1812.5
  1776
  1812
  1821

What is the capital of France?
  46
  F
  Nice
  None of the above

What is the square root of -1 (simplified)?
  i
  i don't know
  square root of -1
  wait this is a math test?</textarea><button id=g>go &rarr;</button><div id=o></div>

\$\endgroup\$
  • \$\begingroup\$ Did you try going for the bonus? \$\endgroup\$ – CalculatorFeline Mar 11 '16 at 1:03
  • \$\begingroup\$ @CatsAreFluffy No, net yet ;) \$\endgroup\$ – Conor O'Brien Mar 11 '16 at 1:03
  • 1
    \$\begingroup\$ @CatsAreFluffy Well, it's a highly technical... thing. \$\endgroup\$ – Conor O'Brien Mar 11 '16 at 1:06
  • 3
    \$\begingroup\$ What's a highly? What's a thing? What's a technical? What's a ? What's a ...? What's a 493 characters left? \$\endgroup\$ – CalculatorFeline Mar 11 '16 at 1:09
  • 1
    \$\begingroup\$ @fond42518 My pleasure! However, in that random sort, I am saving the function _=>.5-Math.random() to the variable r, which I reference later on the fifth line. I am actually performing two random sorts: one on the items, and the other on the questions. If you want to learn more ES6, I suggest reading here. \$\endgroup\$ – Conor O'Brien Mar 11 '16 at 2:34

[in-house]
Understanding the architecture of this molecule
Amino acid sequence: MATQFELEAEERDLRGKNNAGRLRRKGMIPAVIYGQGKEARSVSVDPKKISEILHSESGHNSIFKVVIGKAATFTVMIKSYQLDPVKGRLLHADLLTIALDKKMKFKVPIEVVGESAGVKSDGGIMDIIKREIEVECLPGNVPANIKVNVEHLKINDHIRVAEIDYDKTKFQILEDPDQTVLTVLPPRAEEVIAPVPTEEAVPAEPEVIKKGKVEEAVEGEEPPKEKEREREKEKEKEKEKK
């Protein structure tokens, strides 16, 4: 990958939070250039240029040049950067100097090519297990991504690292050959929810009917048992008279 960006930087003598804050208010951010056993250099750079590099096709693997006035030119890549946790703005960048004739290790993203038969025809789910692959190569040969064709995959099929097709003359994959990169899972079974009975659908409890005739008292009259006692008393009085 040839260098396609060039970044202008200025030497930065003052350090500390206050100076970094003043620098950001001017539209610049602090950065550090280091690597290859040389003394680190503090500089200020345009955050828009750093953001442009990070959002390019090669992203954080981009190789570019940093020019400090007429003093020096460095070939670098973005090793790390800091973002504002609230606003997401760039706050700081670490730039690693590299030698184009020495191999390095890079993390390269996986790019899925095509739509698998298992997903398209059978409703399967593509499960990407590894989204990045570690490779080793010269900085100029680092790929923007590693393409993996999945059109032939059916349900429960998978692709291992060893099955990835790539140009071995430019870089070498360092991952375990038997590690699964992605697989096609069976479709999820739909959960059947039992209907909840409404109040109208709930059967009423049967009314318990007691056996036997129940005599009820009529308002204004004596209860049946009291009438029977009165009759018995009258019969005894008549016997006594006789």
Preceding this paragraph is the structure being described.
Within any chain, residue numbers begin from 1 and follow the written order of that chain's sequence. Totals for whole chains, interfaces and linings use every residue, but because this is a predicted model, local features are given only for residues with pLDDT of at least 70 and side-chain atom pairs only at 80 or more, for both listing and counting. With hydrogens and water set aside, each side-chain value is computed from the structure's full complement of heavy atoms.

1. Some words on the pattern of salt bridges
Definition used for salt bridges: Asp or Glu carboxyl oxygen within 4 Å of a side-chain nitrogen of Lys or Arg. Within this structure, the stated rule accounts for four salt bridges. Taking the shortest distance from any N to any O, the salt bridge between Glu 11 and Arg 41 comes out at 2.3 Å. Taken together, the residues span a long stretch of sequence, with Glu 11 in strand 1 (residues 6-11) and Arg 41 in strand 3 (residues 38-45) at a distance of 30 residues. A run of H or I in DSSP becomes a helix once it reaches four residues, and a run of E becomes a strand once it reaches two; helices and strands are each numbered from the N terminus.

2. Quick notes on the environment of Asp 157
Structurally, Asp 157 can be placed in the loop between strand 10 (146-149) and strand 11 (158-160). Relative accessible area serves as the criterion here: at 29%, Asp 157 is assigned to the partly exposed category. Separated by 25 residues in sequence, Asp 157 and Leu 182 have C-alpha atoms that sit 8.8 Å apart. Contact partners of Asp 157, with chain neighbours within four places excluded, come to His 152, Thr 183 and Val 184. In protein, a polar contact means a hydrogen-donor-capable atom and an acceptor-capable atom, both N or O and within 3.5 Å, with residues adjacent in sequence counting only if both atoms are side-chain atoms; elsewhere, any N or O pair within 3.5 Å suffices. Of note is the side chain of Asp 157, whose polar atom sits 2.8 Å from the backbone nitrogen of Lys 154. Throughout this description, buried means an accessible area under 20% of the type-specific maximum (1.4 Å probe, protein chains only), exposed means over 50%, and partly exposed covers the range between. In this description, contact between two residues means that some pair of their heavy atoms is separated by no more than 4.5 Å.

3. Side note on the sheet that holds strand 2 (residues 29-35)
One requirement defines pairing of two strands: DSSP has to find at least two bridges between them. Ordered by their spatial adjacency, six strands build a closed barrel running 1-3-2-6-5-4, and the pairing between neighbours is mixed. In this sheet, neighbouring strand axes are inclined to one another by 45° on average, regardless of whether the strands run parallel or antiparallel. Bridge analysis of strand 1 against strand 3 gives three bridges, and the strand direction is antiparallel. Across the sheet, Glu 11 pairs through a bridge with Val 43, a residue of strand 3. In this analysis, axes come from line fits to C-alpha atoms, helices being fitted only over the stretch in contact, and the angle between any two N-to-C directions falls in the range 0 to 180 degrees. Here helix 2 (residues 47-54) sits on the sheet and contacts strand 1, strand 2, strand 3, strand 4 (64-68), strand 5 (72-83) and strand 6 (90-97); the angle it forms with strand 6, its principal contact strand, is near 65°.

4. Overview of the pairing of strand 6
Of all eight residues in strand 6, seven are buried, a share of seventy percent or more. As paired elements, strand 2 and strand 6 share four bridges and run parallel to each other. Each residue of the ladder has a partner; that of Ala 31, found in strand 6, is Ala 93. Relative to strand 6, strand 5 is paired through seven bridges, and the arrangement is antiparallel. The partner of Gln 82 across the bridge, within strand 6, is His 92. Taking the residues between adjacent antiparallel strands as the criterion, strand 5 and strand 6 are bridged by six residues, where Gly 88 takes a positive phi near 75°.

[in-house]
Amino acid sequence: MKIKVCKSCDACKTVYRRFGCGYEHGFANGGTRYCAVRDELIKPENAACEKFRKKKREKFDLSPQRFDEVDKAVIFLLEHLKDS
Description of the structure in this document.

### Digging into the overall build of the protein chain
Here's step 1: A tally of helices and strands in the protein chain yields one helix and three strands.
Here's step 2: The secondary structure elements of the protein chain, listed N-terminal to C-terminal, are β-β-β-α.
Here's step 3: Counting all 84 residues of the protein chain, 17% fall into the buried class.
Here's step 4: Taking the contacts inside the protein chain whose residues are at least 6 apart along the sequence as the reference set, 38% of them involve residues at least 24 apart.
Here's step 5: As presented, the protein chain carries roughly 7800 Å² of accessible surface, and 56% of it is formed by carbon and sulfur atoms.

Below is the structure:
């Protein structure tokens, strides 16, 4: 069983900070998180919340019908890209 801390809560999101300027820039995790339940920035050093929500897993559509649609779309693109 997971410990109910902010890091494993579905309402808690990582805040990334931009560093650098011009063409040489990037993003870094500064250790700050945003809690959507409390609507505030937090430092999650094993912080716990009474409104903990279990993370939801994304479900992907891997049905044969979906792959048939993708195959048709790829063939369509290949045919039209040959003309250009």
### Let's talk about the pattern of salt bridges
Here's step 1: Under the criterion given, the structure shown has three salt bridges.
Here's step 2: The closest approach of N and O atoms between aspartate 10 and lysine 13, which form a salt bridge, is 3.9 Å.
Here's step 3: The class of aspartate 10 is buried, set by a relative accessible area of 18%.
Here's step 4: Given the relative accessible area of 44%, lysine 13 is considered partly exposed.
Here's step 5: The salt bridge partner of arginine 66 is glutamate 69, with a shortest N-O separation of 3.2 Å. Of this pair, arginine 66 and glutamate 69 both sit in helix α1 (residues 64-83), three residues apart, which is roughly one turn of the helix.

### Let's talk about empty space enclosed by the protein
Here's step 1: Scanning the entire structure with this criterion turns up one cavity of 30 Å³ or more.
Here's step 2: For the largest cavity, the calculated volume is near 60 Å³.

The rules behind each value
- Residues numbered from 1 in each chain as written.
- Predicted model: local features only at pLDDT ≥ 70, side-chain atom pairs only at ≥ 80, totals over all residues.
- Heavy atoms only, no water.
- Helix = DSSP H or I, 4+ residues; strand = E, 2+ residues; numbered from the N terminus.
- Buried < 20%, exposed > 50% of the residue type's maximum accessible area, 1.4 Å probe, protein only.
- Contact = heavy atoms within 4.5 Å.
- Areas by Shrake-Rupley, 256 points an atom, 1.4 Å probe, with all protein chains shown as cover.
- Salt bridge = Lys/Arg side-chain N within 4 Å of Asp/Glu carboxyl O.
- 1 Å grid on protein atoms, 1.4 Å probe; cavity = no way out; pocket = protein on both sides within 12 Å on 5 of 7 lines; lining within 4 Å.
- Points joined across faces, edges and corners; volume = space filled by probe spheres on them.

2
\$\begingroup\$

CJam, 54 53 55 52 bytes

Saved 1 byte from using a later release (avaliable on TIO). Gained 2 bytes because I forgot to randomize order of questions. Saved 2 bytes from yet another bug fixed on TIO.

qNN+/mr{N/(\mr_"  None of the above"#3e\N*N\++}%NN+*

Try it online!

\$\endgroup\$
  • \$\begingroup\$ Only two bytes gained? o_O \$\endgroup\$ – Conor O'Brien Mar 11 '16 at 1:10
  • \$\begingroup\$ @CᴏɴᴏʀO'Bʀɪᴇɴ lol yeah, I split based on questions at the beginning, then so I just added the mr operator (randomize) to randomize order of questions before the answer logic takes place. \$\endgroup\$ – GamrCorps Mar 11 '16 at 1:11

Your Answer

By clicking “Post Your Answer”, you agree to our terms of service, privacy policy and cookie policy

Not the answer you're looking for? Browse other questions tagged or ask your own question.